Lee and many letter writers who supported her were far more prescient in their analysis than Hillary Clinton or John McCain. Try telling the average American that many Berkeley liberals were more correct about the War on Terror than those two. They'll laugh in your face, even if they personally supported and now oppose those two wars.

The first sentence in that quote is slightly wrong: I know of no poll that shows a majority of Americans regretting the Afghan war. But we're coming close. As of February, Gallup has 49 percent of the country thinking "the United States made a mistake in sending military forces to Afghanistan" and 48 percent thinking it didn't. In other words, there is basically an even split, with a slight plurality tipping toward Lee's position.

Regular Reason readers know I've been mentioning that poll a lot lately. That is because I remember September 2001 and the public mood at the time, and I find the shift in opinion staggering. When Gallup first asked that question about the Afghan war, about two months after Lee's vote, only 9 percent held the position that 49 percent do today. We are not all Barbara Lee now, but Barbara Lee's perspective has become mainstream—if not in D.C., then in the country at large.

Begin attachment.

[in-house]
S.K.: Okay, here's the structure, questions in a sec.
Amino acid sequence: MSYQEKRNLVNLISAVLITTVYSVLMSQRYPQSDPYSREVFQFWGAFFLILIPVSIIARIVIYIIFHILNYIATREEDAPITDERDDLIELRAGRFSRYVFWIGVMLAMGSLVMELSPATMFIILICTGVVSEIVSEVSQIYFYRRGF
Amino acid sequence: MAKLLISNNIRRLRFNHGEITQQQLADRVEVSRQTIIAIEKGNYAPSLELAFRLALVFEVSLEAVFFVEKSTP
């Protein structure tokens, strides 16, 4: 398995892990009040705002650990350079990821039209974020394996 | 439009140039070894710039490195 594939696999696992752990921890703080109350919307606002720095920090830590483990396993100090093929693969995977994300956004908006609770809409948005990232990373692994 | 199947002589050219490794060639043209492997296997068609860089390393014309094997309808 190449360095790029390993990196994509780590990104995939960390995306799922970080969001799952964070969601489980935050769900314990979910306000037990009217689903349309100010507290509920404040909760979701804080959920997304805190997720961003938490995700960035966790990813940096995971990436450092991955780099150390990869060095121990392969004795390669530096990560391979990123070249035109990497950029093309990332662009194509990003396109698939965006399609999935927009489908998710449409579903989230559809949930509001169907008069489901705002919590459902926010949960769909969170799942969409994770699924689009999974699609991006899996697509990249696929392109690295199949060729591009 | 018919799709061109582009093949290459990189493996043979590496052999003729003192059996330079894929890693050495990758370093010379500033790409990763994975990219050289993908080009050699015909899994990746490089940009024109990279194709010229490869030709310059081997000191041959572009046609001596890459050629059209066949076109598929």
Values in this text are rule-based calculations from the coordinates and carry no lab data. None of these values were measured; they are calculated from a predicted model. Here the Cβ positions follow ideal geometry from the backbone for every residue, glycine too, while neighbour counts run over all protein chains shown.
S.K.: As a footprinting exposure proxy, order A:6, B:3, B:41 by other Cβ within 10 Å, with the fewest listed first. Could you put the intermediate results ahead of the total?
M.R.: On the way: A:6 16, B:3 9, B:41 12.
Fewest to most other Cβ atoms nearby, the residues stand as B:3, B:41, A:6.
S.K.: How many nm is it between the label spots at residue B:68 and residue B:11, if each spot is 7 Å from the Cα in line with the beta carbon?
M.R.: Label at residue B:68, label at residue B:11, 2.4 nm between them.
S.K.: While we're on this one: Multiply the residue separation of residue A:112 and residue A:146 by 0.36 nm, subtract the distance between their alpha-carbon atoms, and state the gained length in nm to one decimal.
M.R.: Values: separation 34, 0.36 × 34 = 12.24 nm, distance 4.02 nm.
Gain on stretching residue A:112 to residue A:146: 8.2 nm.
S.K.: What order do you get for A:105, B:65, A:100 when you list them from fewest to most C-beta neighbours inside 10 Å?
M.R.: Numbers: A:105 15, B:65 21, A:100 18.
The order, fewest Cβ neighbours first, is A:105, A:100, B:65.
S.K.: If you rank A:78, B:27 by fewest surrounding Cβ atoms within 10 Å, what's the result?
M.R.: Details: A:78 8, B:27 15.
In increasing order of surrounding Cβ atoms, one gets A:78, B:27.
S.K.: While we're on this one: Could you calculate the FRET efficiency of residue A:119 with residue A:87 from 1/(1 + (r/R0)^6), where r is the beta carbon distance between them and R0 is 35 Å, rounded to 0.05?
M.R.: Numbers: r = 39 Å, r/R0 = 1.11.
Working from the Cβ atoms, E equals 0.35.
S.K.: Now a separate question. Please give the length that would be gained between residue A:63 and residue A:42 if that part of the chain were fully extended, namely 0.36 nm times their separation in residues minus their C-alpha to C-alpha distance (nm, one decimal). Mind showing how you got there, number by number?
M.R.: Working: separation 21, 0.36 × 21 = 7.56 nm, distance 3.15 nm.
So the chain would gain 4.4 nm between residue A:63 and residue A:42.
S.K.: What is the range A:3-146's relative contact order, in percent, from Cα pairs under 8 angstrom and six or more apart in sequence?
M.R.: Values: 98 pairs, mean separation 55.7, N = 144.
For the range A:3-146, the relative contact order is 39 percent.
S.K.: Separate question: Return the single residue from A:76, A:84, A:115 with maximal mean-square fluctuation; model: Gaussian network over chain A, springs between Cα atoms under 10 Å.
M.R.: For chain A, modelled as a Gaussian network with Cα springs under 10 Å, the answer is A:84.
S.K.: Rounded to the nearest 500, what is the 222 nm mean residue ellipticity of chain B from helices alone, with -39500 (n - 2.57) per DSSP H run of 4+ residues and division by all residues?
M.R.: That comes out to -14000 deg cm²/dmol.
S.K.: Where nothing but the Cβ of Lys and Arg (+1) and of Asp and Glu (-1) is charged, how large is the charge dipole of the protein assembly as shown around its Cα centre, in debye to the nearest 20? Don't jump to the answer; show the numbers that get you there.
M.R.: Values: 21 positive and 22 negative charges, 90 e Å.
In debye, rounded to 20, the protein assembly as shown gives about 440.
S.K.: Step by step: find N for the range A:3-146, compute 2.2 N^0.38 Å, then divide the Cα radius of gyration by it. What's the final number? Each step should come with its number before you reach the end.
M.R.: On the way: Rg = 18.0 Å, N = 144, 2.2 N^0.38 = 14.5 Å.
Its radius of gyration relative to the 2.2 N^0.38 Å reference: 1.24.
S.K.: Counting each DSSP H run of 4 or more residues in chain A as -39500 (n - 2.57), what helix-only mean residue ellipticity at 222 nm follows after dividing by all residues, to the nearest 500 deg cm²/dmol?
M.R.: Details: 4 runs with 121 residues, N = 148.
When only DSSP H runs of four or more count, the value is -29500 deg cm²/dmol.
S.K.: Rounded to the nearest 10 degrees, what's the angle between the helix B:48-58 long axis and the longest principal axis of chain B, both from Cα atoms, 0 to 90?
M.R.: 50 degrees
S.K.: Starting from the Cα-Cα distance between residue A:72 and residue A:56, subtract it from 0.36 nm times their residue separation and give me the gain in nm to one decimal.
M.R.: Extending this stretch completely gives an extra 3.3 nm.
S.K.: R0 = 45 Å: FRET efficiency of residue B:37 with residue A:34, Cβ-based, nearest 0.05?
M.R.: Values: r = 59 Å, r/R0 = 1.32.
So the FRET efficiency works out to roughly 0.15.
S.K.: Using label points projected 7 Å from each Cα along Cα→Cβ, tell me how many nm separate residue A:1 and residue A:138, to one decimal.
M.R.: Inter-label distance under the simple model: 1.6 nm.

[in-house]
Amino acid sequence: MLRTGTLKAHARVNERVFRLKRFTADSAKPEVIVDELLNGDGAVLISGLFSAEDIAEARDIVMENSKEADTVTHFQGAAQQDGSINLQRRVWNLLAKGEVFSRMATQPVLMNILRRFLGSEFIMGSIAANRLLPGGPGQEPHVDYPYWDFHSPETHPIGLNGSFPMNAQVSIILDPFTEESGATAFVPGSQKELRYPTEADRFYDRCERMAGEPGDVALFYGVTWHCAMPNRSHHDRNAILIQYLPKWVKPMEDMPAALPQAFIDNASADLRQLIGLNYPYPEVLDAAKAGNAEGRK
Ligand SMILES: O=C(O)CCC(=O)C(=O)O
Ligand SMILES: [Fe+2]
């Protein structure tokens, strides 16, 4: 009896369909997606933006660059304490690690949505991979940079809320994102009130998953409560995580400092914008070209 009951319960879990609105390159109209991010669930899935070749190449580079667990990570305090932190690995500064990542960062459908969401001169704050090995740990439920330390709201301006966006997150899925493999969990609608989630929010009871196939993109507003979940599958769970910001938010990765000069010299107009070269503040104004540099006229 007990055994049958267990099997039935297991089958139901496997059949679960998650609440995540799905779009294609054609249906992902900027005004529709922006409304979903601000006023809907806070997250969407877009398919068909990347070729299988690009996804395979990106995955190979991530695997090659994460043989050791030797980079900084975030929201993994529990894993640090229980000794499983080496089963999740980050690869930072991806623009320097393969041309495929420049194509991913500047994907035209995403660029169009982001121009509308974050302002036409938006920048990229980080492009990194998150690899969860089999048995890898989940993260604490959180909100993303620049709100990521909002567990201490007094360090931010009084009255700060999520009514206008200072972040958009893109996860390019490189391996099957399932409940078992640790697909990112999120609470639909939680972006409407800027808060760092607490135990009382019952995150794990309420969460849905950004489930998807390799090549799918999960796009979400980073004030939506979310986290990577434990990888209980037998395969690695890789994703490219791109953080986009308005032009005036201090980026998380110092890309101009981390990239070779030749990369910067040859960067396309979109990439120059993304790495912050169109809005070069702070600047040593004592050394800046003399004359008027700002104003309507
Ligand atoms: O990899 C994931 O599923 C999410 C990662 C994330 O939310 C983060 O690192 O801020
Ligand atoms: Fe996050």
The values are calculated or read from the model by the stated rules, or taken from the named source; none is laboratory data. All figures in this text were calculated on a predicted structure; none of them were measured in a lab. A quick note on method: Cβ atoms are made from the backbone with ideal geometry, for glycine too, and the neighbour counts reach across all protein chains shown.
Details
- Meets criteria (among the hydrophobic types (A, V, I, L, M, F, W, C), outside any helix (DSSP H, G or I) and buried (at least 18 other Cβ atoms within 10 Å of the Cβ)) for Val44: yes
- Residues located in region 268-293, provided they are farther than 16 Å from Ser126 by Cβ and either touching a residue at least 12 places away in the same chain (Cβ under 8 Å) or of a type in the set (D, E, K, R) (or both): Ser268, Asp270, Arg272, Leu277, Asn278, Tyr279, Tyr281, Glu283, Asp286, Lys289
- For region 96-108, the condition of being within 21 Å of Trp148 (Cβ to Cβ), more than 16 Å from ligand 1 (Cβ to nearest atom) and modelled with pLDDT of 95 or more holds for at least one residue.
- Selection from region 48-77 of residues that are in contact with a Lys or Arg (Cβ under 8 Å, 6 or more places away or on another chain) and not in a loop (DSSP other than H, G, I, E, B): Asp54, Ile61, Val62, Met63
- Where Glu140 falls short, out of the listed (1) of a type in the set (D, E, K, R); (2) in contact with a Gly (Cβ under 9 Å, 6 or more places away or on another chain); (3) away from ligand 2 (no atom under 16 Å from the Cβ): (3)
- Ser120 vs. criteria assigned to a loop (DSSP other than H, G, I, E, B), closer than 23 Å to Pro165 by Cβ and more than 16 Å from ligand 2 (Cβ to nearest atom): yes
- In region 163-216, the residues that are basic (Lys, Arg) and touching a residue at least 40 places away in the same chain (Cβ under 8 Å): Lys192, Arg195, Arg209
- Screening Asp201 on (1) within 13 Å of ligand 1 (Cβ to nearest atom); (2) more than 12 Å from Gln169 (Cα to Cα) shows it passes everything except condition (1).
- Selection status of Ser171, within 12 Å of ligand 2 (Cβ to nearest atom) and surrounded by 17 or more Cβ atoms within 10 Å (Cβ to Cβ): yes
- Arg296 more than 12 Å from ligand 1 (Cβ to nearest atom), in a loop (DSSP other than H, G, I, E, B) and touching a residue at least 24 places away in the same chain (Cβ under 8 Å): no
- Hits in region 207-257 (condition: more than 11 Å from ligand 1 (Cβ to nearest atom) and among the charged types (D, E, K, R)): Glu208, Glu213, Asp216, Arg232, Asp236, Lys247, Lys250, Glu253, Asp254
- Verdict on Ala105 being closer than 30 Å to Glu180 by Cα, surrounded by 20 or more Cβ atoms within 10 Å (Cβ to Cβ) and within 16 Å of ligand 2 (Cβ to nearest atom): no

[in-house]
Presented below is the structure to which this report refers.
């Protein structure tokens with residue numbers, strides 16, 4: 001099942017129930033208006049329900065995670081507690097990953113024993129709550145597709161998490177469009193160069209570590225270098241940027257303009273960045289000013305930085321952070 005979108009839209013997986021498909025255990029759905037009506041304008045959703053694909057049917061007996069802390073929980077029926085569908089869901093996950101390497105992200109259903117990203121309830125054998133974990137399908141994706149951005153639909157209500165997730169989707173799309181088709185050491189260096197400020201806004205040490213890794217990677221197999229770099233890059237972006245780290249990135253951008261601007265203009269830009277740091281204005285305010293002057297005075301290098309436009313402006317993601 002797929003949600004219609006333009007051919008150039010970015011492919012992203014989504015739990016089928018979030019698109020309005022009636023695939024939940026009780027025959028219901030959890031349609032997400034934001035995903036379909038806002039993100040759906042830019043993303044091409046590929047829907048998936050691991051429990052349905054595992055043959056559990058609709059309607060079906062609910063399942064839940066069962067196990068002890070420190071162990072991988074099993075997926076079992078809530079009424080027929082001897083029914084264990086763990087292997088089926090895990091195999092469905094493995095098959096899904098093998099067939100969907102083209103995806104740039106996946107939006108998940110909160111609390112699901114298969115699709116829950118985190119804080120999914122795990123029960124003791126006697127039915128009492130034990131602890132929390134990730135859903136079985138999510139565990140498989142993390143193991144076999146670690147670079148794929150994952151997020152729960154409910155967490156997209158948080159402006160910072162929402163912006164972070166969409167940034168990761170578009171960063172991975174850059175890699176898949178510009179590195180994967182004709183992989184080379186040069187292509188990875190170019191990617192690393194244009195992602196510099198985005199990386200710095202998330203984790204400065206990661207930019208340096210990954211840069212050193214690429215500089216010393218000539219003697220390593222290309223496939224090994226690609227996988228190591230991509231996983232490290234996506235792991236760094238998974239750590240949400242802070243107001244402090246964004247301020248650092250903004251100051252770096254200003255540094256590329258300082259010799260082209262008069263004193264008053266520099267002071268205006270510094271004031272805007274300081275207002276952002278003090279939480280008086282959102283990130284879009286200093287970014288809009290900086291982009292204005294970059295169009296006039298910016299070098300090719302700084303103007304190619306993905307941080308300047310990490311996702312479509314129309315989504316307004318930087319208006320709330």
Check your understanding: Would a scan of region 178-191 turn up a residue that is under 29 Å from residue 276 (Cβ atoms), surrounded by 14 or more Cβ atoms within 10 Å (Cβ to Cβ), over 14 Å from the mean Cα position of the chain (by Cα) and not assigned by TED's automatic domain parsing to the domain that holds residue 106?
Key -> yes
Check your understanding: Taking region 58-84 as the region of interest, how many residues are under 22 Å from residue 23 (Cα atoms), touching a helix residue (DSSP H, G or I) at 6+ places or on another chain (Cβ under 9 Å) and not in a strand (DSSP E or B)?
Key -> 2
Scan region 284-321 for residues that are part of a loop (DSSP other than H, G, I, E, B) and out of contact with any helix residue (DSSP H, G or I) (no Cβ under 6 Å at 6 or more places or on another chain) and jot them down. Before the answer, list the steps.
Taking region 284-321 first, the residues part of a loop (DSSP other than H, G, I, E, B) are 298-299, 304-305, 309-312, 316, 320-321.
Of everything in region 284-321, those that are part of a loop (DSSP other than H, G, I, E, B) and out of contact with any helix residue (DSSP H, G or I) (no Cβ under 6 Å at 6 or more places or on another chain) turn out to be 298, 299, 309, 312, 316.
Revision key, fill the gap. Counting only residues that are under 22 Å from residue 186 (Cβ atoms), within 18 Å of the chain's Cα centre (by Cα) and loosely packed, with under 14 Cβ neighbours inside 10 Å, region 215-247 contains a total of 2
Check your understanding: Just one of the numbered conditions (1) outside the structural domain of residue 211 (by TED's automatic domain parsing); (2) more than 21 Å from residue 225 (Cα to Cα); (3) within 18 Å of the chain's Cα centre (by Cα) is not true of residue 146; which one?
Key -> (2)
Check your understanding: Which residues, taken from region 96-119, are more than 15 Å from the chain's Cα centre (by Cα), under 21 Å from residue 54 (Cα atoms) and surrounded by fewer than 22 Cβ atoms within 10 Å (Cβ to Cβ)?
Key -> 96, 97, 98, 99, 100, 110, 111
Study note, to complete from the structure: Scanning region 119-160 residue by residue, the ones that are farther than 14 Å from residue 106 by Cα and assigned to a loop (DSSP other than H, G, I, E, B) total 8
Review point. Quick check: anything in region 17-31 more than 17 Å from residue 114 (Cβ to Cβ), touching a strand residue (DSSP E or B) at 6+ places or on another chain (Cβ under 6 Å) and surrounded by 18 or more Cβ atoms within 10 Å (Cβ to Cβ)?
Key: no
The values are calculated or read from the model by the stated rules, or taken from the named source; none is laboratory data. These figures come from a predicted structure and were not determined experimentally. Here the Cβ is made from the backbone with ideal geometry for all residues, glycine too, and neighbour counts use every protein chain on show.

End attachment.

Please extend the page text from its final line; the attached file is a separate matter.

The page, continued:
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  1. The first sentence in that quote is slightly wrong: I know of no poll that shows a majority of Americans regretting the Afghan war.

    Thirteen years from now, we will look back at Walker’s claim that everyone loves the war in Afghanistan and gauge whether the negative feedback he got from commenters was justified.

    1. When the Western troops actually leave Americans will regret it. The Taliban will come out of the mountains, half the Afghani National Army will switch sides, and the whole region will devolve into another civil war, with the Taliban very likely to come out on top.

      Billions spent and a decade long occupation for nothing.

      1. The Taliban will come out of the mountains, half the Afghani National Army will switch sides, and the whole region will devolve into another civil war, with the Taliban very likely to come out on top.

        I literally could not care less about any of this.

      2. Okay…. so what’s the solution? We stay there forever in the hope that tribes that have literally hated each other for thousands of years will live harmoniously in a functioning democratic republic?